Background In the past decade, global health funders, non-government organisations and policymakers have increased their efforts to support health research capacity in developing low and middle income countries (LMICs). These efforts are aimed at securing the provision of—and eventually access to—high-quality health services. The Wellcome Trust's African Institutions Initiative (AII), launched in 2009 aimed to broaden the research base for scientific endeavour in under-resourced environments; to support areas of science with the potential to contribute to health benefits for people and livestock; and to support international networks and partnerships focused on health problems of resource-poor countries.
Objectives We present findings from an independent real-time evaluation of the first four years of the Initiative, from 2009–2013. The evaluation project aims to address the gaps in our understanding of effective capacity building initiatives and to help inform the next phase of the Initiative.
Methods Evaluation in real time – during a programme's life as opposed to at the end of it – is particularly suitable for the kinds of complex interventions and uncertain contexts reflected in this Initiative. With real-time evaluation, on-going learning can be optimised to inform programme implementation. This evaluation adopted an approach which mirrored the participatory, African-led ethos of the overall Initiative. It worked with the funding recipients to evaluate them against their own articulated and documented aims and objectives.
Result The AII was not designed to deliver “quick wins”. Rather it plans to lay the foundations for increased research capacity and the emergence of locally relevant health research agendas over time, which is reflected in its direct engagement with African universities and research institutes to develop Africa-led research programmes. This being said, programme-wide achievements during the first phase of funding are evident.The AII has successfully supported active networks amongst African institutions and between African and Northern partners. Networks present a cost-effective approach to supporting many institutions with limited resources. A fundamental component of the Initiative's intervention logic is the notion that collaborative networks, through a consortium-based model, can maximise potential impacts of investments in capacity-building activities.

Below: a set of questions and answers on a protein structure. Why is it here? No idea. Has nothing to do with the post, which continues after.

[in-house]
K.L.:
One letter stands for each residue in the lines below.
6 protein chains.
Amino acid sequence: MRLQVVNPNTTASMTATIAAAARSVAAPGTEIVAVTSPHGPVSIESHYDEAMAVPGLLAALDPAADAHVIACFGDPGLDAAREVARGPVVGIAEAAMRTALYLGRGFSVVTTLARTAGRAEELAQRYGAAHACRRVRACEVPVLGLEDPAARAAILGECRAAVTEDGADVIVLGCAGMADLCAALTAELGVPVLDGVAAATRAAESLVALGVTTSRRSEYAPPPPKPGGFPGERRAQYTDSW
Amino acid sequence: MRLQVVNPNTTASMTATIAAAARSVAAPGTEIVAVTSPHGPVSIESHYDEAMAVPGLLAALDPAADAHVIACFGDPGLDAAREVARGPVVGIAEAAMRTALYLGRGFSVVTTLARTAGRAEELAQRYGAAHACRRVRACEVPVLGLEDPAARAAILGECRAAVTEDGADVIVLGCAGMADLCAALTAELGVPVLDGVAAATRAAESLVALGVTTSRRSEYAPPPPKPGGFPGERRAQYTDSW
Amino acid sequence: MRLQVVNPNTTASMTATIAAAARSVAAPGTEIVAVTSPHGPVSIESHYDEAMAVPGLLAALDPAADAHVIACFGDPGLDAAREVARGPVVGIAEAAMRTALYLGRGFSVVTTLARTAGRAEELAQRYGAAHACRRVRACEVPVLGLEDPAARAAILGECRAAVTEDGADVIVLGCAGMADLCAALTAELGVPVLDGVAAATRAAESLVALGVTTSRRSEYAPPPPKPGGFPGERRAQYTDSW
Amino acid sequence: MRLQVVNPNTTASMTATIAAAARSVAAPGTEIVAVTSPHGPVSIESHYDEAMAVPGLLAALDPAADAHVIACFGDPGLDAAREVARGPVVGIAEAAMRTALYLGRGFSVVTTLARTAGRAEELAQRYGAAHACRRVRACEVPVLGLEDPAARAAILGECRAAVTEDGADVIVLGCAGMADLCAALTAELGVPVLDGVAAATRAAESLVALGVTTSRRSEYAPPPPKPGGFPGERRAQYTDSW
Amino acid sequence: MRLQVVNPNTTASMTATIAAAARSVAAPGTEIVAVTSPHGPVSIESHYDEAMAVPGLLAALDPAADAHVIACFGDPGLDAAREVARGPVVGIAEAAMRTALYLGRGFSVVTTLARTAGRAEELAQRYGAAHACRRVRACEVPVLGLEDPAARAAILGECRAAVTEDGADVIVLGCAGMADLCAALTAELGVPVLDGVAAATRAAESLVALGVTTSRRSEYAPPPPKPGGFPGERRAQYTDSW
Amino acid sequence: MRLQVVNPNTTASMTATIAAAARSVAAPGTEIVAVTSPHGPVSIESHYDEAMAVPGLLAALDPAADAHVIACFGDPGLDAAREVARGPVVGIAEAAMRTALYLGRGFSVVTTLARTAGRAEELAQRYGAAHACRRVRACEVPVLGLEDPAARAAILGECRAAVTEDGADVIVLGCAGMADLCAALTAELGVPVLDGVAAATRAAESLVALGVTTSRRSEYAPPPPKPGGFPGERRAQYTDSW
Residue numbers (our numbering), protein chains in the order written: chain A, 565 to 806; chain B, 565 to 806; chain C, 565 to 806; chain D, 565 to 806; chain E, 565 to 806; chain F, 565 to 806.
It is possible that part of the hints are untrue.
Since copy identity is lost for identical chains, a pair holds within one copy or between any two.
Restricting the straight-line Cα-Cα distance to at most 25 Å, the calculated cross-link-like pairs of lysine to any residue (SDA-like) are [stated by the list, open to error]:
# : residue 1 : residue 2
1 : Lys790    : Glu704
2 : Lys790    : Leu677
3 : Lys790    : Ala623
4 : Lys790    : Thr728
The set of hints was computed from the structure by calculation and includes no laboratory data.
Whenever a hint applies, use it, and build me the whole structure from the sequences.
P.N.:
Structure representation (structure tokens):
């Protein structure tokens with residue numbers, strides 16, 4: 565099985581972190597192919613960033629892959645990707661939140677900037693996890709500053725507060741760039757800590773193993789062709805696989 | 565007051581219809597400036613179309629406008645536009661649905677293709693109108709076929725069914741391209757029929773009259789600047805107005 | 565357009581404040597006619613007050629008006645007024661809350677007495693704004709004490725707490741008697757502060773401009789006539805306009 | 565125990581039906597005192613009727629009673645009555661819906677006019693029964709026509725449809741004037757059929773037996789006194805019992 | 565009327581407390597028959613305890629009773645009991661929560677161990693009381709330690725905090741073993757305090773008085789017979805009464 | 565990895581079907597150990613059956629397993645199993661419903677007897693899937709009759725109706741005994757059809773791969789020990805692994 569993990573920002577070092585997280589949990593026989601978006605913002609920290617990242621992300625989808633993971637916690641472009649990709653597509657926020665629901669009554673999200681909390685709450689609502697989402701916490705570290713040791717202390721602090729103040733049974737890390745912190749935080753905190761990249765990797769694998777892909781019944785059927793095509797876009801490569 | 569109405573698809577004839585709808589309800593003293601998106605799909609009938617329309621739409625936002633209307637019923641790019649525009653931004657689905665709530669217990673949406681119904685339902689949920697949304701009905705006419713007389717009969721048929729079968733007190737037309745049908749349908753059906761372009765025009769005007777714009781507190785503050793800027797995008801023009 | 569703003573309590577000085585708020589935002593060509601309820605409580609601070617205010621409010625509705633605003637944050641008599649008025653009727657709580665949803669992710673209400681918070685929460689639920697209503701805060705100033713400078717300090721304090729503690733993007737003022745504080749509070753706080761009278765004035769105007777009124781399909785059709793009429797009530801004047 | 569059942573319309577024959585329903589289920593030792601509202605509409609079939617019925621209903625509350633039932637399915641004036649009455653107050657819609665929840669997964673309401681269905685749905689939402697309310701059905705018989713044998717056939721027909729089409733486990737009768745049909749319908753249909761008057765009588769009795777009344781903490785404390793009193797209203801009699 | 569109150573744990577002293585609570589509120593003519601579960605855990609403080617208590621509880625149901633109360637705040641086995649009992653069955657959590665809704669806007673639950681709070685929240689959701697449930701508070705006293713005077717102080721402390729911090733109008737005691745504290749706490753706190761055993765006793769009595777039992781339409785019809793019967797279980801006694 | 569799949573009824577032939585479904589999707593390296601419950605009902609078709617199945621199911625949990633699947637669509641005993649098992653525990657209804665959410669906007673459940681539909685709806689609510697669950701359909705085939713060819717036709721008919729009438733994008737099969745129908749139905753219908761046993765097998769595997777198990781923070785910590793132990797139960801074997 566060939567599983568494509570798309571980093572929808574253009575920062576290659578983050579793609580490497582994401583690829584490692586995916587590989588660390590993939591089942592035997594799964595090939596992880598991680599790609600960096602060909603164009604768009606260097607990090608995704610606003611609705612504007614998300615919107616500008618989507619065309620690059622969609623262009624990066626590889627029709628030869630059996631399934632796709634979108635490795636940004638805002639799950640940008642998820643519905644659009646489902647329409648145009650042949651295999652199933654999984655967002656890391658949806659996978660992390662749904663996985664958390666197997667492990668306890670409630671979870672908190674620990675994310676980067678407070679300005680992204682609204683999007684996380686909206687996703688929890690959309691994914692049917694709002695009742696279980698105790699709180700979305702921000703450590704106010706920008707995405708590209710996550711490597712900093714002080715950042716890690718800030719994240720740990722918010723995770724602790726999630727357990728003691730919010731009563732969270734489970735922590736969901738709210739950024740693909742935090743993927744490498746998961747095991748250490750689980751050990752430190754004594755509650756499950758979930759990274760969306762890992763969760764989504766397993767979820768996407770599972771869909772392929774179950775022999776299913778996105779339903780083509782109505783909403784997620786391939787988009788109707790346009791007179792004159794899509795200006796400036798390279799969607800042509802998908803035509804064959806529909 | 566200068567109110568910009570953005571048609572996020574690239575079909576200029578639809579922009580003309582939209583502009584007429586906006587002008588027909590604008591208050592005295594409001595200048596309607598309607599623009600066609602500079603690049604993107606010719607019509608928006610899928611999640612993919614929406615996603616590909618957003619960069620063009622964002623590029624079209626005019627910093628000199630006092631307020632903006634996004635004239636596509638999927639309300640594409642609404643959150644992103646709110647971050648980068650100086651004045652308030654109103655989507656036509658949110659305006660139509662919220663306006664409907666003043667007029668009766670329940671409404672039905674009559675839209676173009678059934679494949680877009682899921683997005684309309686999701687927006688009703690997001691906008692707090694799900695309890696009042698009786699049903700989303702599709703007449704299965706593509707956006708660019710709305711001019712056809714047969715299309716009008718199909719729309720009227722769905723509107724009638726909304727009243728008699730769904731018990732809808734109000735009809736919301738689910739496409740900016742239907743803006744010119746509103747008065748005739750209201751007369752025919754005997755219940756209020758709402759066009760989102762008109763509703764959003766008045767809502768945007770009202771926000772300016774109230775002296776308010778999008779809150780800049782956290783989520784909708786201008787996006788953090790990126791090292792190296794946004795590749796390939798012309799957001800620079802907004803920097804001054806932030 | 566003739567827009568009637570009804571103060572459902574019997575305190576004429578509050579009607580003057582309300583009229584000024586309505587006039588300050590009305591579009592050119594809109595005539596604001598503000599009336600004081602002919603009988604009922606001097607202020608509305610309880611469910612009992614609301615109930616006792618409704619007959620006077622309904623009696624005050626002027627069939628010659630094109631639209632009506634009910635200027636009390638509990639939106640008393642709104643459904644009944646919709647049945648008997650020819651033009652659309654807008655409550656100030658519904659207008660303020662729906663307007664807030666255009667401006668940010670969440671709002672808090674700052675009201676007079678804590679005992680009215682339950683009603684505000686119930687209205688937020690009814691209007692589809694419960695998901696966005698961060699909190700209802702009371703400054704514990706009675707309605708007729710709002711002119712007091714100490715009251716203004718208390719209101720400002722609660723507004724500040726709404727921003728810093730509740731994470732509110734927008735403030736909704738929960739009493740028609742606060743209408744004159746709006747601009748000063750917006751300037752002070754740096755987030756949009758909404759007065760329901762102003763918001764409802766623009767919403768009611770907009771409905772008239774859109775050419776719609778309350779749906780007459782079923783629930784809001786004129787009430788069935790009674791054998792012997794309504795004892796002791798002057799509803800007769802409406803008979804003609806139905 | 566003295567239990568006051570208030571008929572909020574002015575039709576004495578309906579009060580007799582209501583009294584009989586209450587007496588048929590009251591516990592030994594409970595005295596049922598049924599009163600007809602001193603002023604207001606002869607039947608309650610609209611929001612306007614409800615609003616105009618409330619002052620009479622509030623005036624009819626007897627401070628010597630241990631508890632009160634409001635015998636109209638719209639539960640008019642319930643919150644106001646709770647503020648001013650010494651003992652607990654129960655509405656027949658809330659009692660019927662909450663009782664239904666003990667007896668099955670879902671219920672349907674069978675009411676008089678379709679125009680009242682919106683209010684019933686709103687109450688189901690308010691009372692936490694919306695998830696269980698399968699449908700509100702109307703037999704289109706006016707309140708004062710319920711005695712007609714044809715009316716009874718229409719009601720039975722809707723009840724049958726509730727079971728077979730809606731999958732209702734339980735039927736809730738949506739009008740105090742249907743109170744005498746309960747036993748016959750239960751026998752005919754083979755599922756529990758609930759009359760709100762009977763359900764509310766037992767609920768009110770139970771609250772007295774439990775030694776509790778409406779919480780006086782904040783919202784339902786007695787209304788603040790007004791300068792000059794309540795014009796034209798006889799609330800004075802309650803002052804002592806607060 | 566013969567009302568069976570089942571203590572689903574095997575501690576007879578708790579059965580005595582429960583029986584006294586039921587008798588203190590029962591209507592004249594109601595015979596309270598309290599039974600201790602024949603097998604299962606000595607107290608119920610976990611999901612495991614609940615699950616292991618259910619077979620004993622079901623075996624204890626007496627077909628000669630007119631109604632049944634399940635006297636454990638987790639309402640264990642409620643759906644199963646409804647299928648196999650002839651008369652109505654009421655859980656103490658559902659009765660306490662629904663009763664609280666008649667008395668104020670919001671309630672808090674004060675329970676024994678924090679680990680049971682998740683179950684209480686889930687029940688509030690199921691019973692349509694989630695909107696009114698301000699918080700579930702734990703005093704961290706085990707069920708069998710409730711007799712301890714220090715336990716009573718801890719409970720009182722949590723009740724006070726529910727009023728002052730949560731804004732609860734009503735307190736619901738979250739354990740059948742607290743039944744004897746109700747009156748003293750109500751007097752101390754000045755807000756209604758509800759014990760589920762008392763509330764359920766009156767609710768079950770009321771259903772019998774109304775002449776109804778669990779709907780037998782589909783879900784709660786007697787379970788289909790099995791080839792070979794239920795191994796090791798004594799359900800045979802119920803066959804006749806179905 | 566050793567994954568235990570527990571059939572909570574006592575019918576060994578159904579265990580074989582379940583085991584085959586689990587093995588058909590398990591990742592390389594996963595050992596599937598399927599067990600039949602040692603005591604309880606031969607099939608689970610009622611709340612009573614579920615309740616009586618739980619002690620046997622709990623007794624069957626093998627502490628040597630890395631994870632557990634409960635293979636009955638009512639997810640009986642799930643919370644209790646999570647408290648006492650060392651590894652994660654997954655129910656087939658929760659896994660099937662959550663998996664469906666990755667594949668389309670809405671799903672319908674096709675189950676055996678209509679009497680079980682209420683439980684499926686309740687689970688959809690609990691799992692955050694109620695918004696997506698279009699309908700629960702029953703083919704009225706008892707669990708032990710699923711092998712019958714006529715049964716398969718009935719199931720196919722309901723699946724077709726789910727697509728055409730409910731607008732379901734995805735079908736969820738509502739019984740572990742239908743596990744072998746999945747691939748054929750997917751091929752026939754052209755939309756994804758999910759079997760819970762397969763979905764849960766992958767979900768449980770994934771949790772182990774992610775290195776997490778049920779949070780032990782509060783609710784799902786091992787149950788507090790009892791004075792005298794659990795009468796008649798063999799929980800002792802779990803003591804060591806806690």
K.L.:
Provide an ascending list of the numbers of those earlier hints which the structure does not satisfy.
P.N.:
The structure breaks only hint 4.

Conclusion Overall, the objectives of the AII represent an ambitious departure from traditional modes of strengthening research capacity in LMICs. While the Initiative is still at an early phase, evidence gathered in this evaluation show that consortia are contributing in multiple ways to developing sustainable research capacity. The unique features of the Initiative—an African-led, networked approach—have facilitated many of these achievements. The diversity of networking models for capacity building developed by consortia present a range of models with different strengths and weaknesses, enabling funders to reflect on future models.
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